What happens next? Maintenance must transform if manufacturers are to meet their Industry 4.0 goals
Businesses need to act now to evaluate how new technologies fit into their long-term manufacturing strategies and capitalise on these developments – or risk getting stuck on the wrong side of disruption. Kevin Bull, Product Strategy Director, Columbus UK, explains how predictive maintenance is transforming manufacturing and which technologies businesses need to focus on to stay ahead of the competition.
There is a huge push towards Industry 4.0 with manufacturers of all sizes looking to embrace emerging technologies such as AI, machine learning and advanced data analytics as part of their digital transformation. In our recently published ‘Manufacturing 2020’ report, companies cited production flexibility, reduced costs and increased output as the long-term benefits of improved factory connectivity. The evolution of asset maintenance is going to play a big role in achieving these goals.
Developing an IoT vision of manufacturing
Industrial IoT (IIoT) provides the framework on which further disruptive technologies can build and contribute to improved maintenance practices. IIoT deployments monitoring temperatures, vibrations or humidity from sensors embedded within equipment on the plant floor, all generate large volumes of data in real-time. This is uncovering new insights into processes and sub-processes we’ve never been able to capture before and dramatically changing how we schedule and predict maintenance requirements.
Once this data is gathered in a cloud-based system, it can be analysed to identify equipment status, monitor efficiency and detect if components are failing. Achieving this would put an organization on the digital transformation map. However, to get ahead of the competition, they will need to think ahead too. They can’t predict where the next production bottleneck will develop, or which would be the most cost-effective way to organize maintenance for a fault they can’t see – but machines can.
Predictive maintenance is always learning
As more manufacturers embrace IIoT, new opportunities are created for maintenance to move from a traditional reactive to a predictive model and start to have a positive impact on equipment uptime and production quality. With reactive maintenance, if equipment unexpectedly goes offline as a result of failure, the damage to productivity has already been done and creates a knock-on effect further down the production chain. In contrast, predictive maintenance strikes a balance between reactive and excessive maintenance, identifying and resolving potential issues before equipment breaks down without incurring excessive costs from emergency or even over-maintenance.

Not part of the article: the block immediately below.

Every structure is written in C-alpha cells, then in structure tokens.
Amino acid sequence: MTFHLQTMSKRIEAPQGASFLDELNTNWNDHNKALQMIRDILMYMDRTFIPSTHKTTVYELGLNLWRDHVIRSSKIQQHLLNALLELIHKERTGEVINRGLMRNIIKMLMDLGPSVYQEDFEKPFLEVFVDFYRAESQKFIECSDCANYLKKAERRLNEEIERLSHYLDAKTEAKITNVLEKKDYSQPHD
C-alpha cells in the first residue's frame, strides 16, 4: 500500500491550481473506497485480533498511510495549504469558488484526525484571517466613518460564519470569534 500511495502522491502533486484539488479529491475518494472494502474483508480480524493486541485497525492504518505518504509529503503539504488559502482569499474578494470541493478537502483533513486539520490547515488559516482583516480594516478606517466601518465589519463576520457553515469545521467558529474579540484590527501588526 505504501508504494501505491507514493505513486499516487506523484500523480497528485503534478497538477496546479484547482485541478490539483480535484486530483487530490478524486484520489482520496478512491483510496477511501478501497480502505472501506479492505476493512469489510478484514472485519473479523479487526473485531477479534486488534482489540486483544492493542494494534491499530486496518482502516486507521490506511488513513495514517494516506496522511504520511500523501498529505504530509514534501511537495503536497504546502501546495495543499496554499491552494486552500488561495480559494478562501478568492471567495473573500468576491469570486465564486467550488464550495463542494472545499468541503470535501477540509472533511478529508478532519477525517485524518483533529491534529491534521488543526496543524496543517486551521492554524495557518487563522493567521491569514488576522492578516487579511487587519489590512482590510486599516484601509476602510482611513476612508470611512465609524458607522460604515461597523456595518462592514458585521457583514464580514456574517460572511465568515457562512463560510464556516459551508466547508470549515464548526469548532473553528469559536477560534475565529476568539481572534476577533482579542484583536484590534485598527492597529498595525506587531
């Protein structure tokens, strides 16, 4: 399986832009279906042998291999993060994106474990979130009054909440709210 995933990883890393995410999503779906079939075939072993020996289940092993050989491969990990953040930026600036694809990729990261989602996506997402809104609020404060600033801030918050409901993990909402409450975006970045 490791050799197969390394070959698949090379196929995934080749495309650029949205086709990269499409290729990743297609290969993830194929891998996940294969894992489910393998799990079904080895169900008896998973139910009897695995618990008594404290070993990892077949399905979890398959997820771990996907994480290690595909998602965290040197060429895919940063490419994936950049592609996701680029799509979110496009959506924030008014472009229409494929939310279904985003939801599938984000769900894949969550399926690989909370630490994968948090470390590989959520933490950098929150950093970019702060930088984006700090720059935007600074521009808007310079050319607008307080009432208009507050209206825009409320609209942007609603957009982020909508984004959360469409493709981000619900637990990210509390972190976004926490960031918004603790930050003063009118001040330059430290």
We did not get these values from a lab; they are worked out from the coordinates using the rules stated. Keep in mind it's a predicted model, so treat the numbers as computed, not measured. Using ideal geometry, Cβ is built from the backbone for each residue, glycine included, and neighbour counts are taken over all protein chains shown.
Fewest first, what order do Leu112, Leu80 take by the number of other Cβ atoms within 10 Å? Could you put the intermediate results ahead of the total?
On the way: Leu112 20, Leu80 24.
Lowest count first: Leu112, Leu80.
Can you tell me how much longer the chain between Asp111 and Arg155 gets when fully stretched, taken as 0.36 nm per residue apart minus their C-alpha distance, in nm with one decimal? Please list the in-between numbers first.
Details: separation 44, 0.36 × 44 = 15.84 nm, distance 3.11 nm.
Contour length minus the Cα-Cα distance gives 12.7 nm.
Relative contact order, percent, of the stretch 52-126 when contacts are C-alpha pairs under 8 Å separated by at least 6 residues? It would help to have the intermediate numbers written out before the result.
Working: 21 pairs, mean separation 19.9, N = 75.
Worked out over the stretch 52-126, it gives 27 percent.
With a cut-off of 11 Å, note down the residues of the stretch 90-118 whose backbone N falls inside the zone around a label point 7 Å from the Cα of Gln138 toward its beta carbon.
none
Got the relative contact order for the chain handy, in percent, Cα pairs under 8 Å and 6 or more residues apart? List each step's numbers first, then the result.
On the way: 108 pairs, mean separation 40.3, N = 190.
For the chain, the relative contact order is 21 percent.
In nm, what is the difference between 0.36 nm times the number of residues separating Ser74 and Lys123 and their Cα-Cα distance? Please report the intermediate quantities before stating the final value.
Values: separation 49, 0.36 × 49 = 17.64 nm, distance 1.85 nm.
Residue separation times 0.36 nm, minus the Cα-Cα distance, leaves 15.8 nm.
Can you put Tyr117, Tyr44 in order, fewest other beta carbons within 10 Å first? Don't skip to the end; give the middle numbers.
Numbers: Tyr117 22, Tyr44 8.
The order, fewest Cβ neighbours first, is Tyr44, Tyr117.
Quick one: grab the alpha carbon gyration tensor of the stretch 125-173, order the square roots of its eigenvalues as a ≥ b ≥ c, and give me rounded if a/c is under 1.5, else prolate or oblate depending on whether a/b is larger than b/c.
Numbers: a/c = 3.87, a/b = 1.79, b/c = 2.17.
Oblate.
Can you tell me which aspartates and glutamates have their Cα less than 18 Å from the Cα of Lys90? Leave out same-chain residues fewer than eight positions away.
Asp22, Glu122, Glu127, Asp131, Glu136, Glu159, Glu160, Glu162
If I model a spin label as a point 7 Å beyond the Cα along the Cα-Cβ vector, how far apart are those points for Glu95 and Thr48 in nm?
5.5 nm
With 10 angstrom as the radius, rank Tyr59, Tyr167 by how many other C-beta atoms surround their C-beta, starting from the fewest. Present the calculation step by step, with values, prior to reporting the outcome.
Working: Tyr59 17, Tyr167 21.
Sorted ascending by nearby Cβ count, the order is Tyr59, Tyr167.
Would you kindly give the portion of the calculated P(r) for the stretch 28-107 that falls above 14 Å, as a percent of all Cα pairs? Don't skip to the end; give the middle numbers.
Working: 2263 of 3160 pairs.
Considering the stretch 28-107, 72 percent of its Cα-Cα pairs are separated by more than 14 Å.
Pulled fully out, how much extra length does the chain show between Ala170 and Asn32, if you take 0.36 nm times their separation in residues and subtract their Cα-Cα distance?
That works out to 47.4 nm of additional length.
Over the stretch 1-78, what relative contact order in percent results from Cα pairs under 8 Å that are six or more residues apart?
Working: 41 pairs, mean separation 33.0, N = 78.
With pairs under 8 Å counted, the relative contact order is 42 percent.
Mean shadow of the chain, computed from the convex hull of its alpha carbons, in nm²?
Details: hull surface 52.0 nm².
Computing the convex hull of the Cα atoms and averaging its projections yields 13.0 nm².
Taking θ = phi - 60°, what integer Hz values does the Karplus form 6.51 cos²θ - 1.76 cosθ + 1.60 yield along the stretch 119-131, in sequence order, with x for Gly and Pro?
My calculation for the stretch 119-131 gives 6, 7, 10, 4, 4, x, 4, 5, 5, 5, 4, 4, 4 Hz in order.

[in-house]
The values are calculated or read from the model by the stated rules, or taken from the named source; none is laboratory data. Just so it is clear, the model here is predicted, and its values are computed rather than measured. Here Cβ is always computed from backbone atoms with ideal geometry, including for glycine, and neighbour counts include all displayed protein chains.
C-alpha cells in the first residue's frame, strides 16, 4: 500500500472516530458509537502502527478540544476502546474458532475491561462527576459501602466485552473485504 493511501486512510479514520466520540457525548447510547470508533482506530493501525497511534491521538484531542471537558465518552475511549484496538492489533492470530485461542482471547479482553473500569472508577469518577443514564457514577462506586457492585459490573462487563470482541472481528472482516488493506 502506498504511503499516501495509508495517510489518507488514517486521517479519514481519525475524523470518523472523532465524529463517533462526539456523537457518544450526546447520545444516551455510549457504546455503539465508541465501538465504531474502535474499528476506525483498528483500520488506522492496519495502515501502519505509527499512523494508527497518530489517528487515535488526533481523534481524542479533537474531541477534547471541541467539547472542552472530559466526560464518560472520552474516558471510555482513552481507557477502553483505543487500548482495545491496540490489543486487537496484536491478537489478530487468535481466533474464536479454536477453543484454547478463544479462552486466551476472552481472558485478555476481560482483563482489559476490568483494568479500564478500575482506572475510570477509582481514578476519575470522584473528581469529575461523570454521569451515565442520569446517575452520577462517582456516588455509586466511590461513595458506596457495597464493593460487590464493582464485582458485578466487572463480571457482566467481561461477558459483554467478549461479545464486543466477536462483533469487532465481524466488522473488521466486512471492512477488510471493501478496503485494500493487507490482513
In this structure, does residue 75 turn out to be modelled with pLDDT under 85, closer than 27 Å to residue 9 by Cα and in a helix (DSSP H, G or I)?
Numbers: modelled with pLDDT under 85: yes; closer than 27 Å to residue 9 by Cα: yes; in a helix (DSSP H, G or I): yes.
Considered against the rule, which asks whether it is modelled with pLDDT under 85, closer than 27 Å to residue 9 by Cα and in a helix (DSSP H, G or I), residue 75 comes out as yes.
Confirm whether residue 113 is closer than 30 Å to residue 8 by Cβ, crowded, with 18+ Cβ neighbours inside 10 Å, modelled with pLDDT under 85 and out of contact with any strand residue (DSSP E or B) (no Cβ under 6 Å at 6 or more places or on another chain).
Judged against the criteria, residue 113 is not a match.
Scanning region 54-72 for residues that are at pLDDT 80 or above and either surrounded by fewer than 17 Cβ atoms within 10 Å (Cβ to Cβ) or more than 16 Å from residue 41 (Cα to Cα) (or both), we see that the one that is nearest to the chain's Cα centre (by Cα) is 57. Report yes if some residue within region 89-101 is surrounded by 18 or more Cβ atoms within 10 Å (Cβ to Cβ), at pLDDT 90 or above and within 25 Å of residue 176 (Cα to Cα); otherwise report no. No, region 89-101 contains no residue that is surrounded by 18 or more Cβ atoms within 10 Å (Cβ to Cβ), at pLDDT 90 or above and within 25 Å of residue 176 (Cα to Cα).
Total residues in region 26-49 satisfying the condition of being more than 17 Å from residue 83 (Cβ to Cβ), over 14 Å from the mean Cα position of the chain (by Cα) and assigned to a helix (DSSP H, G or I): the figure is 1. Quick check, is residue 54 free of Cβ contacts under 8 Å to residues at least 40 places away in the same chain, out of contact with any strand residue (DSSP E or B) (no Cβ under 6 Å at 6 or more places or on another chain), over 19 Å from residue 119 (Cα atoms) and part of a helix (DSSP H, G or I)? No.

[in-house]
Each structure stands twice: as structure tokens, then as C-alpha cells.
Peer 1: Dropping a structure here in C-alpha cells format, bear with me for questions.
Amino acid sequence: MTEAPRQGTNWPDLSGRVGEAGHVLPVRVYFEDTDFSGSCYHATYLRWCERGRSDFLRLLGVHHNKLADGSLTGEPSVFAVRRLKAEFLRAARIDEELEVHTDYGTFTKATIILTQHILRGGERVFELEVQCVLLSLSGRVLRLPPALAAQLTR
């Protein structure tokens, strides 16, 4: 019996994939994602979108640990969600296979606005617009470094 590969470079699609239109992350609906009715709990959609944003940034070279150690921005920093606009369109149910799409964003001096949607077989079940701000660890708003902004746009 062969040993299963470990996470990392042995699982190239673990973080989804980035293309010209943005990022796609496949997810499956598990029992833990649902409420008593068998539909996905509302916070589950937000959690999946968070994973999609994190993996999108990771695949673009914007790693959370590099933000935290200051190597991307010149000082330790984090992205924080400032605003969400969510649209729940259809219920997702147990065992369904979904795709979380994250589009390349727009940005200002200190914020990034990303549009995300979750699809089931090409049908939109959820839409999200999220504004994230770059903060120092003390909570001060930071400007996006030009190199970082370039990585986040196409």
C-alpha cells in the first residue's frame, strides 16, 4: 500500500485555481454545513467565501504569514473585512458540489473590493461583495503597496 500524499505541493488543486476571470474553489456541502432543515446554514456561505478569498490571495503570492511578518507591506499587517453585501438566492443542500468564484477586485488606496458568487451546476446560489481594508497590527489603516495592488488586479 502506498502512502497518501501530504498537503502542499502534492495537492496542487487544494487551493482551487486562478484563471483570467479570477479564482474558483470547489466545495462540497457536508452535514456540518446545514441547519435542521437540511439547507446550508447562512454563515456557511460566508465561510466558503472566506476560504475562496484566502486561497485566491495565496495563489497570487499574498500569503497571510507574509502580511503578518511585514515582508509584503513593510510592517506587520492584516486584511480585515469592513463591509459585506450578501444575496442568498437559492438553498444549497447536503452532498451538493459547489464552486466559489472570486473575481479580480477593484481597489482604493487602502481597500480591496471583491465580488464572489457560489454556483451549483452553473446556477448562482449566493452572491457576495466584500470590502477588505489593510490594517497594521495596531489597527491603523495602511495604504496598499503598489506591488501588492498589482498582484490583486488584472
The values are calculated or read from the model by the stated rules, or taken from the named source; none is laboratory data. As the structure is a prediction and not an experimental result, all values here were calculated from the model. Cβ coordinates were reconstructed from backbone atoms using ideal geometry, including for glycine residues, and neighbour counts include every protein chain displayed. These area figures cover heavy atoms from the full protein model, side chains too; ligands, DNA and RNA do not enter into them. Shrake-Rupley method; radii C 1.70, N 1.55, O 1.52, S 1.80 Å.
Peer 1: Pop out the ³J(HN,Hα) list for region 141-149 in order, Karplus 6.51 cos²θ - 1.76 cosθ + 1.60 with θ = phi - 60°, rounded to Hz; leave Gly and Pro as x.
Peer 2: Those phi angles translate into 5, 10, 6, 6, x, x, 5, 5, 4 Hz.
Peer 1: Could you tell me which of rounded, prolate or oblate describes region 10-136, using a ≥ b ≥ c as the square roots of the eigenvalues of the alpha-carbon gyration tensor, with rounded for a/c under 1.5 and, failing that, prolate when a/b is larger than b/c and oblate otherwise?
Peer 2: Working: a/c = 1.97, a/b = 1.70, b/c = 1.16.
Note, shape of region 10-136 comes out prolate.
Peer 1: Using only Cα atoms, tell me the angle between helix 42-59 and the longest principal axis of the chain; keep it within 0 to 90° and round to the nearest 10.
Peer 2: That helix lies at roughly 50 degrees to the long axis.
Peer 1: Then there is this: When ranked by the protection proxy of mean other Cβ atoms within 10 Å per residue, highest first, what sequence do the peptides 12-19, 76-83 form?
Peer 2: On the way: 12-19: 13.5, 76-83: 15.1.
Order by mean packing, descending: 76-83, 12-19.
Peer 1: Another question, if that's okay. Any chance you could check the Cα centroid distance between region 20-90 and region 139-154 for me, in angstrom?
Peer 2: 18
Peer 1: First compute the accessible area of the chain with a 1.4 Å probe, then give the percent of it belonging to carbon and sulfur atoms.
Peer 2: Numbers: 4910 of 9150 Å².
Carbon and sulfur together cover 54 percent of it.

AI and machine learning represent another step towards truly predictive maintenance. When unleashed on the vast volumes of data captured from the plant floor, data analytics can be enhanced to filter out anomalous information, detect hidden or underlying patterns and more accurately project equipment reliability – and adjust maintenance schedules accordingly.
Data is the lifeblood of digital transformation
Advanced data analytics will be key to identifying any ‘teething problems’ when deploying new, fully digitised equipment and systems. Analysing the effectiveness of emerging technologies and how they affect existing business processes can help future-proof businesses against further digital disruption and manage the impact of newly-deployed solutions.
The benefits of improved data analytics capabilities become immediately apparent across multiple business processes. This was the case when Domino Printing Sciences updated their enterprise systems to accommodate more data-driven business insights. “We are using live data in the manufacturing process to drive improvements in yield through automated test equipment. It removes subjective human assessment and poke-yokes the product at each stage rather than fixing at the end of the process”, said Carl Haycock, UK printer operations director.